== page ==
The vast majority of actions under the OPA take the form of forfeiture proceedings. This means that the material in question can be seized by the police if it is suspected that it is obscene and has been kept for gain. If a magistrate is satisfied that the material is obscene, it can be forfeited and destroyed. A person does not get a criminal conviction from forfeiture proceedings and no other punishment is imposed. If a person is tried on indictment under the OPA (meaning trial by jury in a Crown Court), the maximum penalty they can receive is a period of imprisonment of three years.

What does it mean ‘to deprave and corrupt’? There is no black-letter definition but some guiding principles can be gleaned from the cases. Importantly, shock and repulsion is not enough – obscenity must relate to moral harm. What ‘moral harm’ means is far from clear. In a trial this question is left to the jury, who are asked by the judge to apply ‘contemporary moral standards’.

Obscenity is not confined to sexually explicit material. It can apply to brutal violence, such as that represented in Last Exit to Brooklyn, or to the advocating of dangerous drug use, such as in Attention Coke Lovers. Cannabis use, however, is not depraved or corrupt as the publishers of Cooking with Cannabis and How to Grow Marijuana Indoors under Lights were acquitted. Similarly the halcyon descriptions of opium taking in The Count of Monte Cristo or of the productive use of cocaine in Sherlock Holmes have not attracted prosecution.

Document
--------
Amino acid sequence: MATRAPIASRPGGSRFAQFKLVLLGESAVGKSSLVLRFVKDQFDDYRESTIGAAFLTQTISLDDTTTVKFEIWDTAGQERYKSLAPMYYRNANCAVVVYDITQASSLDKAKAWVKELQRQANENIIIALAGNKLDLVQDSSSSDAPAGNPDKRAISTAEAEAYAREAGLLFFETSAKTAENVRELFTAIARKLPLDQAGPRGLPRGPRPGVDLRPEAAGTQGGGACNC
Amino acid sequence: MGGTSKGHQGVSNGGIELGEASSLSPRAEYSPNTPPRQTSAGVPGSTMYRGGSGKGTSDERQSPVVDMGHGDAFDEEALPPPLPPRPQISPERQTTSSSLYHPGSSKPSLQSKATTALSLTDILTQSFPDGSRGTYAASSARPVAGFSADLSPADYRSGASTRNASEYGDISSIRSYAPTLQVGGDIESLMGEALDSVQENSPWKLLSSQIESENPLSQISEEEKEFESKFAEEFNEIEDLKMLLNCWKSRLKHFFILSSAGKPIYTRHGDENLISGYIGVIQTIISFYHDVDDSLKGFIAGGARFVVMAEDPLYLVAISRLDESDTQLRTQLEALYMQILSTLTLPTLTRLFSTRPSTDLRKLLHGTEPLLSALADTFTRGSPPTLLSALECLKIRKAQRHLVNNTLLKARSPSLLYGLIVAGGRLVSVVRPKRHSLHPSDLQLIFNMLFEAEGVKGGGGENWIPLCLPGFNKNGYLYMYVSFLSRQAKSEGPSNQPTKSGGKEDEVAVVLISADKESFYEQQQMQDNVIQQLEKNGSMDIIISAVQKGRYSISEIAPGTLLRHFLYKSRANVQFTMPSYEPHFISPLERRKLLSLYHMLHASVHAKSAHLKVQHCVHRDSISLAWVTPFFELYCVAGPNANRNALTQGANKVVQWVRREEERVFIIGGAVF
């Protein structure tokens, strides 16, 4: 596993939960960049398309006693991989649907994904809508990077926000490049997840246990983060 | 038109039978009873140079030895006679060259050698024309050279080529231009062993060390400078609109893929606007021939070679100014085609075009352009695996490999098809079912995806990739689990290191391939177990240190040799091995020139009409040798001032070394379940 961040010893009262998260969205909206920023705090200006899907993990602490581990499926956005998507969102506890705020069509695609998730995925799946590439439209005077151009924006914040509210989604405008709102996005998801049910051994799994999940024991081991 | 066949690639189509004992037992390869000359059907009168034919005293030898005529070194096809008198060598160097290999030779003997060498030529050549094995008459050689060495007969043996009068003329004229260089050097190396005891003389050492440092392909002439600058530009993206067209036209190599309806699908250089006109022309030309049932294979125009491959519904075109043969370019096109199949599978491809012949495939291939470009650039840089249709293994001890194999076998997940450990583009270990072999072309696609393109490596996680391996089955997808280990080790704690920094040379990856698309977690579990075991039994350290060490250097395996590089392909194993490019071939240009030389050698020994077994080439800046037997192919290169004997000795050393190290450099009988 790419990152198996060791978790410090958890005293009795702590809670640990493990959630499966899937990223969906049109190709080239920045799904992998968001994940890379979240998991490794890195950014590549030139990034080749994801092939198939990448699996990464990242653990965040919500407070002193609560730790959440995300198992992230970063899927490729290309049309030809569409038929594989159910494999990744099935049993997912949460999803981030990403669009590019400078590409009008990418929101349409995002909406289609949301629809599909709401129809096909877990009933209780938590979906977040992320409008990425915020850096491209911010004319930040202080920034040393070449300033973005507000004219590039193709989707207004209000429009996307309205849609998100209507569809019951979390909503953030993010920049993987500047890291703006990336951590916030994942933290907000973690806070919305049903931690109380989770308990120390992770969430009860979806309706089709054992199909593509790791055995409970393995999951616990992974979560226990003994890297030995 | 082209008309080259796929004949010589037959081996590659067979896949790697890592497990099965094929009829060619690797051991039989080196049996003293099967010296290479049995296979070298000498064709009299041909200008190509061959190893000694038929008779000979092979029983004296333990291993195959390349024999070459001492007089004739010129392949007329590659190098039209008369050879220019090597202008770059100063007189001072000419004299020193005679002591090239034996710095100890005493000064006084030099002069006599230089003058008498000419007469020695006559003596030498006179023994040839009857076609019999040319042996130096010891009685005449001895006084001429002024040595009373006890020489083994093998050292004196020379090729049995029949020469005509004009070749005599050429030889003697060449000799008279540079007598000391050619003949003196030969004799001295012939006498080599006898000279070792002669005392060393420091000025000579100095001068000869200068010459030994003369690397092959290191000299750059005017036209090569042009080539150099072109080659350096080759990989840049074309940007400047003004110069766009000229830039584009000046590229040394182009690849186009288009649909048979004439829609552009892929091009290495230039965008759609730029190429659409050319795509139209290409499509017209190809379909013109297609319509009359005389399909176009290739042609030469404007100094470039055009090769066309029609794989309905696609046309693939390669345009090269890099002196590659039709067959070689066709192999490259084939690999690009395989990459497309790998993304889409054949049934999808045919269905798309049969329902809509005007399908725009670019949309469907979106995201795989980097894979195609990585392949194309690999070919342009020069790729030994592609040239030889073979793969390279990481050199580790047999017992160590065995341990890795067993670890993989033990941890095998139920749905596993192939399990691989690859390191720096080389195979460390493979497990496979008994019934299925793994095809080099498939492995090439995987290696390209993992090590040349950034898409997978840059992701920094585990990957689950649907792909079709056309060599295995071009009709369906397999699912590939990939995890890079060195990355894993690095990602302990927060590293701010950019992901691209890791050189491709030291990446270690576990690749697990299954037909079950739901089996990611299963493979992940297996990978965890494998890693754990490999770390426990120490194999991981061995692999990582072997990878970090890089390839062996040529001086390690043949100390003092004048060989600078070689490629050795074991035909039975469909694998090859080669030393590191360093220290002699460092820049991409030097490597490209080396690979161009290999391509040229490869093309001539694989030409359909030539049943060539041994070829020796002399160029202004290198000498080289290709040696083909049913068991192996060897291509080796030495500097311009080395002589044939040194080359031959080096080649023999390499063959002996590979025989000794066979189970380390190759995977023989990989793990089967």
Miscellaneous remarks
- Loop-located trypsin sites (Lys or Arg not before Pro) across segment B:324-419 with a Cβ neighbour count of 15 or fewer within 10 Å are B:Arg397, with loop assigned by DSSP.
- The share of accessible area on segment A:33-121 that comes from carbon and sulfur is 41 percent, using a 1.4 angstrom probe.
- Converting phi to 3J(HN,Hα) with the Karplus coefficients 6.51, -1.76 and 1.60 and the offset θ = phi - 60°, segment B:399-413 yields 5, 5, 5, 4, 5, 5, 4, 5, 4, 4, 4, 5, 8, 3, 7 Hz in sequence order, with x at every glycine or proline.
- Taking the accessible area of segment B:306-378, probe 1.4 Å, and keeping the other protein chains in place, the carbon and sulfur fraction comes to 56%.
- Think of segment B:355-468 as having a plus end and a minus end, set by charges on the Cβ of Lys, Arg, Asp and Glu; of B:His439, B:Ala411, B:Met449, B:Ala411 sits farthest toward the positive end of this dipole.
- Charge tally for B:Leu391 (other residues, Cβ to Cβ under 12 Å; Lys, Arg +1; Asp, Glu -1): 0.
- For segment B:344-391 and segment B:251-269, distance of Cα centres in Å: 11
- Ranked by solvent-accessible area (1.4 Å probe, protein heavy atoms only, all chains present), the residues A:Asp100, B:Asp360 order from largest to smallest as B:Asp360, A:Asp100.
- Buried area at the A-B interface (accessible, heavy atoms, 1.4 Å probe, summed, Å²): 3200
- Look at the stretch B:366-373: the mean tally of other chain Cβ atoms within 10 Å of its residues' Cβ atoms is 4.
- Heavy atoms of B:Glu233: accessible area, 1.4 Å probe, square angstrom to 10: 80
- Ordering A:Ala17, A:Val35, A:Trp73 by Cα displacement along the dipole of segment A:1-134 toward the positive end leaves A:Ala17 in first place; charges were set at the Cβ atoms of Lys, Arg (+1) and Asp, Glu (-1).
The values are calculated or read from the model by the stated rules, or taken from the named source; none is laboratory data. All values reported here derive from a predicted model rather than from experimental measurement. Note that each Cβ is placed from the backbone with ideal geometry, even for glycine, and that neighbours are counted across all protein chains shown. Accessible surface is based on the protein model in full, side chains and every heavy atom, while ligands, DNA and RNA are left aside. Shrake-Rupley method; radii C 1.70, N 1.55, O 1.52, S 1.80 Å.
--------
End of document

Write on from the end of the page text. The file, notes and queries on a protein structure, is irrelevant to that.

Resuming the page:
The trial of Inside Linda Lovelace established the principle that a prosecution brought against a book of any conceivable literary merit would be unlikely to succeed. Subsequently, the Marquis de Sade’s Juliette was not the subject of a prosecution and nor was American Psycho. This principle is enshrined in the OPA; it is a defence to a finding that a publication is obscene if it can be shown that “the publication of the article in question is justified as for the public good in that it is in the interests of science, literature, art, learning or of other objectives of general concern”. This defence was successfully invoked by the publishers of the underground comics Oz and Nasty Tales in their trial in 1971.